A study of a Minnesota lake reveals that while cleanup efforts aimed at reducing phosphorus have been highly successful, they could ultimately prove problematic.

The report builds off of previous research regarding nitrogen levels in Lake Superior and could have implications for pollution control efforts throughout the world, according to the study's authors.

The researchers found that as phosphorus levels dropped, so did the microbial processes responsible for removing nitrogen from the water.

Based on their findings, the researchers posit that the anthropogenic acceleration of global nitrogen and phosphorus cycles have in turn led to an increase in the processes that remove nitrogen in small and medium-sized lakes.

Thus, in those lakes where phosphorus is controlled, nitrogen is allowed to accumulate, ultimately making its way downstream into rivers and coastal regions.

"Freshwater ecosystems, including lakes, streams and wetlands, are a large global sink for reactive nitrogen," lead author Jacques Finlay, an associate professor in the College of Biological Sciences (CBS), said in a statement. "By reducing one aquatic pollutant -- phosphorus -- we are in some cases reducing the ability of lakes to remove nitrogen."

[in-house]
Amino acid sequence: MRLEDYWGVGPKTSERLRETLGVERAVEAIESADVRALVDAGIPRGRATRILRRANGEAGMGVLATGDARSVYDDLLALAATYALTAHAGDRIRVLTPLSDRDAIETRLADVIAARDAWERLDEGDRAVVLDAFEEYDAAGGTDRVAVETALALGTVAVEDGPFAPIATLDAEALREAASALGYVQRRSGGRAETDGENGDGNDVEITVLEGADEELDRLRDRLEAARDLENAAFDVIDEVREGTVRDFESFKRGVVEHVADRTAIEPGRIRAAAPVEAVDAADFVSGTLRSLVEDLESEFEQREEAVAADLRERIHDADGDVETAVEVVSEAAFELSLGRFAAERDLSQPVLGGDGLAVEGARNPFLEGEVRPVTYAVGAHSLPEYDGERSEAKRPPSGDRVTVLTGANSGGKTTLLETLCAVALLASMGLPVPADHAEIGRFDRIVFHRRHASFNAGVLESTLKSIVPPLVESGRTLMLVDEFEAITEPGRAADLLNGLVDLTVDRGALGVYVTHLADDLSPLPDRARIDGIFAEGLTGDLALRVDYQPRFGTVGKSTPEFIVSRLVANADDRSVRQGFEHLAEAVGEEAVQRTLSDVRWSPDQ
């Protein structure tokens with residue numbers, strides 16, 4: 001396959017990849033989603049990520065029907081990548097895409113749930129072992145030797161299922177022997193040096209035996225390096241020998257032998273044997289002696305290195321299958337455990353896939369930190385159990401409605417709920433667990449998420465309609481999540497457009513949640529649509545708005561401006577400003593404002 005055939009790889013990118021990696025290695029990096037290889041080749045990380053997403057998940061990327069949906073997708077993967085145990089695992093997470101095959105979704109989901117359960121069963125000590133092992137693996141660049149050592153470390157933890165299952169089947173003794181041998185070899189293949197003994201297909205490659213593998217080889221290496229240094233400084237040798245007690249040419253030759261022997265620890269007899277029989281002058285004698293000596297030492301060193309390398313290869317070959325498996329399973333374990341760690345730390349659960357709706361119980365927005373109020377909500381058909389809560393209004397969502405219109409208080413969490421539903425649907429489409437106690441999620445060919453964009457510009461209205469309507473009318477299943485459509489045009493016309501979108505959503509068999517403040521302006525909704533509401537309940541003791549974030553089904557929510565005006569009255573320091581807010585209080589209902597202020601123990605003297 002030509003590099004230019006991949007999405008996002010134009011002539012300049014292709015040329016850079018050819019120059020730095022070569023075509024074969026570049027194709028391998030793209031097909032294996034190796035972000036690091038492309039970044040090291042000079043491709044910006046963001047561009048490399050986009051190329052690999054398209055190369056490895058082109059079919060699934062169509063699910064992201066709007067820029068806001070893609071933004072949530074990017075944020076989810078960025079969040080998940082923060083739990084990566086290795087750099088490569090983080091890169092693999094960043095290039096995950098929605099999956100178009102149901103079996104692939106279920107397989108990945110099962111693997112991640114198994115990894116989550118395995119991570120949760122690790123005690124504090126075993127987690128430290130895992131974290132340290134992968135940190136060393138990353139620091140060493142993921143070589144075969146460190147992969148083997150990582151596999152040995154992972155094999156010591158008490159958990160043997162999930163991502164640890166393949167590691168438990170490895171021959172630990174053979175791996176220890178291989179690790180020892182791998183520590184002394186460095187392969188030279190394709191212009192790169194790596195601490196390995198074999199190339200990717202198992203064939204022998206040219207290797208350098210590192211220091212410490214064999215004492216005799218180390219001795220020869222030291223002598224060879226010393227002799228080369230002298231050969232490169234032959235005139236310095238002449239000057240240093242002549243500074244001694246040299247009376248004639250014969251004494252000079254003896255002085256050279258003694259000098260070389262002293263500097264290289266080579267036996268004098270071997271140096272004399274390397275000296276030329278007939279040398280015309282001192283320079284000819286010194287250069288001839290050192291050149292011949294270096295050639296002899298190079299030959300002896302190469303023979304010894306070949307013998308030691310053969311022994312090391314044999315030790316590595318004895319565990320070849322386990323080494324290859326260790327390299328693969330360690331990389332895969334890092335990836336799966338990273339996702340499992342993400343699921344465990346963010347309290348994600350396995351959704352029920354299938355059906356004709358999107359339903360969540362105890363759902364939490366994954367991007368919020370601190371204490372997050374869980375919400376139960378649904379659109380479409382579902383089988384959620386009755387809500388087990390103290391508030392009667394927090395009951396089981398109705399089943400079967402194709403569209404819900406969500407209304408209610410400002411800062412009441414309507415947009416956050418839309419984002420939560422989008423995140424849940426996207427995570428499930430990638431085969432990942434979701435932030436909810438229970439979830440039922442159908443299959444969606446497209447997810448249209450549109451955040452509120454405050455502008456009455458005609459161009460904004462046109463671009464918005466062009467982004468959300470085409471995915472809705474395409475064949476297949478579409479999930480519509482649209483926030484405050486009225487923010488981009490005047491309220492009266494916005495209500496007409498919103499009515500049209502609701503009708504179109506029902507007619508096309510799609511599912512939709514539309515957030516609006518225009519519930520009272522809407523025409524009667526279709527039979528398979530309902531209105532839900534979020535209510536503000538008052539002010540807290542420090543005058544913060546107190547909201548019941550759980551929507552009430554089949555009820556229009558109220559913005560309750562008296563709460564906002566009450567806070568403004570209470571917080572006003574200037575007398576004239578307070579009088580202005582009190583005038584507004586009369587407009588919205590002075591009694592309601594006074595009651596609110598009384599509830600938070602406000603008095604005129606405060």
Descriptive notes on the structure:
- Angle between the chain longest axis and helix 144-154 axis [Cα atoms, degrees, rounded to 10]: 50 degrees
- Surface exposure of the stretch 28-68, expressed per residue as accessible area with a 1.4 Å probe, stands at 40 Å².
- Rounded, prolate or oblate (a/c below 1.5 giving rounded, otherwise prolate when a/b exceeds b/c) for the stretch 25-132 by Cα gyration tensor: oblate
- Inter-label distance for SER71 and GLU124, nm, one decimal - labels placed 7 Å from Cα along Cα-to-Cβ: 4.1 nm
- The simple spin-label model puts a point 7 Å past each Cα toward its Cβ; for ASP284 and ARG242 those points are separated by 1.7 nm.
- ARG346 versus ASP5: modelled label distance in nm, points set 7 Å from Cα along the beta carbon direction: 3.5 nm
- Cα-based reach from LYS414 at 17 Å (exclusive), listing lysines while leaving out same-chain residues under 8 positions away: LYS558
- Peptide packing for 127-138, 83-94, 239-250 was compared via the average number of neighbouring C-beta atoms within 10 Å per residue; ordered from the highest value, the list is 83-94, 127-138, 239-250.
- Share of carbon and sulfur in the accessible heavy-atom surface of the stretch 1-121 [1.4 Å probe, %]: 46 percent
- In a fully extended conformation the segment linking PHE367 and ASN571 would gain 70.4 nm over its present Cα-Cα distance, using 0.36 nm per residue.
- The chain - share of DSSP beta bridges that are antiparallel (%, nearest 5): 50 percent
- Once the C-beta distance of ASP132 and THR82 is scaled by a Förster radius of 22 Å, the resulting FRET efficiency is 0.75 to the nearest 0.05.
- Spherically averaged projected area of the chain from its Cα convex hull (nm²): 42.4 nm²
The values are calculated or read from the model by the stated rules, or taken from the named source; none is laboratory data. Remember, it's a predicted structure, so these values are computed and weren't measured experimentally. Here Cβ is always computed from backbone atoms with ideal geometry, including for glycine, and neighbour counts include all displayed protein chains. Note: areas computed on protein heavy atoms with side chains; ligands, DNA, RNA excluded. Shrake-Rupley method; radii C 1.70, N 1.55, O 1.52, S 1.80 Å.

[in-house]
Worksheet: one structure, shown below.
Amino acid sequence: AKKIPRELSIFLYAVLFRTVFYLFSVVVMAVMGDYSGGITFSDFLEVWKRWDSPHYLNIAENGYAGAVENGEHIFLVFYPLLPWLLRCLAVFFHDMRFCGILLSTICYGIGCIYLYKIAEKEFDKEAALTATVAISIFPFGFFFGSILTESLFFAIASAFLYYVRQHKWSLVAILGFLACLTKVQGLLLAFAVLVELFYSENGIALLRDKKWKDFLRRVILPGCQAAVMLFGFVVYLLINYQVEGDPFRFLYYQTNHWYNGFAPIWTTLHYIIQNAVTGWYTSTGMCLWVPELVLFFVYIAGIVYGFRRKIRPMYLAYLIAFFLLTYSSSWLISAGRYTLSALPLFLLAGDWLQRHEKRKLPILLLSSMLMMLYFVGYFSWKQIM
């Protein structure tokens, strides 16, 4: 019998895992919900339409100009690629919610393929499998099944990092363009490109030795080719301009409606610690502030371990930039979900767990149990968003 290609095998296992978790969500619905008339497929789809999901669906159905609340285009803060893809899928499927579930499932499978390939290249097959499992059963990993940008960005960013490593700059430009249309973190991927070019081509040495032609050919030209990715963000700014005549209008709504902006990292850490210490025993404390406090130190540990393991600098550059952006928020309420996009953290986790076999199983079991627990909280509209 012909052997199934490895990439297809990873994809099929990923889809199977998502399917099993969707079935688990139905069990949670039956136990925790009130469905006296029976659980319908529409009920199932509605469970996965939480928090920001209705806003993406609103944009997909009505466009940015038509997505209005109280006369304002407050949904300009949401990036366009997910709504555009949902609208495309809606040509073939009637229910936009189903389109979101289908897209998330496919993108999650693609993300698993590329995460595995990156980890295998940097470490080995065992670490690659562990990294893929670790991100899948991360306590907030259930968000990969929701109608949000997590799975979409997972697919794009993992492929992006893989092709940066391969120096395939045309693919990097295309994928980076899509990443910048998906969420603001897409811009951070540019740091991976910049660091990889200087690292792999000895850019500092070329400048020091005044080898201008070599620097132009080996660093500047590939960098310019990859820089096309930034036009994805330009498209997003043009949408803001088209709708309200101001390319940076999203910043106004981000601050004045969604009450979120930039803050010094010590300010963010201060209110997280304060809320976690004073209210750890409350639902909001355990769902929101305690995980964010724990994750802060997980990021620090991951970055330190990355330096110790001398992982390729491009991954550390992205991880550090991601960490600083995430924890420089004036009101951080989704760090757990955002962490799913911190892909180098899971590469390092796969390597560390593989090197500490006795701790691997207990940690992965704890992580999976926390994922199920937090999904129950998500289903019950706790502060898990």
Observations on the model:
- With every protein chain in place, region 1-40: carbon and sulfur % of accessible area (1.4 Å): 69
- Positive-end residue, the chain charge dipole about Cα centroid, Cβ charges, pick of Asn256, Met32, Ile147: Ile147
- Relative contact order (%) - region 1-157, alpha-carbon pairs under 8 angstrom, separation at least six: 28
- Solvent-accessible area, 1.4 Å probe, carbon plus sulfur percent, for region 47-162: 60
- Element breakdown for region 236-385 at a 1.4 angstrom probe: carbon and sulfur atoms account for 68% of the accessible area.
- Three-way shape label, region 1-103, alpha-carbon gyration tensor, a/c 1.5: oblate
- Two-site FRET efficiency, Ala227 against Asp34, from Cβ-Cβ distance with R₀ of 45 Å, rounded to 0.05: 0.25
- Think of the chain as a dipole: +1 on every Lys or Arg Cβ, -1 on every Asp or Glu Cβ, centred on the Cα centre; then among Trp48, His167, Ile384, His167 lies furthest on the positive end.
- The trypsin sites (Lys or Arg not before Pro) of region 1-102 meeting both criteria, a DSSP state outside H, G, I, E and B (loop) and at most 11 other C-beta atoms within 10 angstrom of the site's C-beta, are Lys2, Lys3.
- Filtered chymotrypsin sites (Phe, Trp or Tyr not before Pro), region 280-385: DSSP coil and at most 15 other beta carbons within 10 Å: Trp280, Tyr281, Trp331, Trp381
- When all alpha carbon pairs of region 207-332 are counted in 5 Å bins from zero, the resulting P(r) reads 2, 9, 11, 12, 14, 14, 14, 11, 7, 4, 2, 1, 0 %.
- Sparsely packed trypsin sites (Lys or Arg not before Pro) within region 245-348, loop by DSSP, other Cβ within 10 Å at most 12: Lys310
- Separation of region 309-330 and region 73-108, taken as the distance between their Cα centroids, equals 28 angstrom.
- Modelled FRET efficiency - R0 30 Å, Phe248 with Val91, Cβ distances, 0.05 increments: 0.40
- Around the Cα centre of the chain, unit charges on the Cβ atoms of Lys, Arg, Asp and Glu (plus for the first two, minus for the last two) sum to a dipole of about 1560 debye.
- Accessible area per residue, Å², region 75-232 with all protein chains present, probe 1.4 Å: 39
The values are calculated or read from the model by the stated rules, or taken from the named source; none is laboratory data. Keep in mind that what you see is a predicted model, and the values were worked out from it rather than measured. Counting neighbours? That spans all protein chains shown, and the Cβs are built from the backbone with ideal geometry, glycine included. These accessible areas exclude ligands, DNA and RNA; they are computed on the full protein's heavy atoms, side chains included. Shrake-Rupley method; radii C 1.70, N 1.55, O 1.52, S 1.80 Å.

Nitrogen and phosphorus pollution comes from a variety of sources. In the case of more developed communities, it often can be traced back to sewage, lawn fertilizer, vehicle exhaust and pets. In agricultural areas and other remote places, both air pollution dispersed through the atmosphere and farming are more frequently the cause.

According to Finlay, the study does not mean that phosphorus reduction efforts in lakes should stop, but that a more holistic approach should be adopted.

"We need to pay attention to the way that nutrients interact in ecosystems and maintain our focus on reducing phosphorus and nitrogen pollution," Finlay said. "If we do that, we'll be taking steps toward improving water quality locally as well as downstream."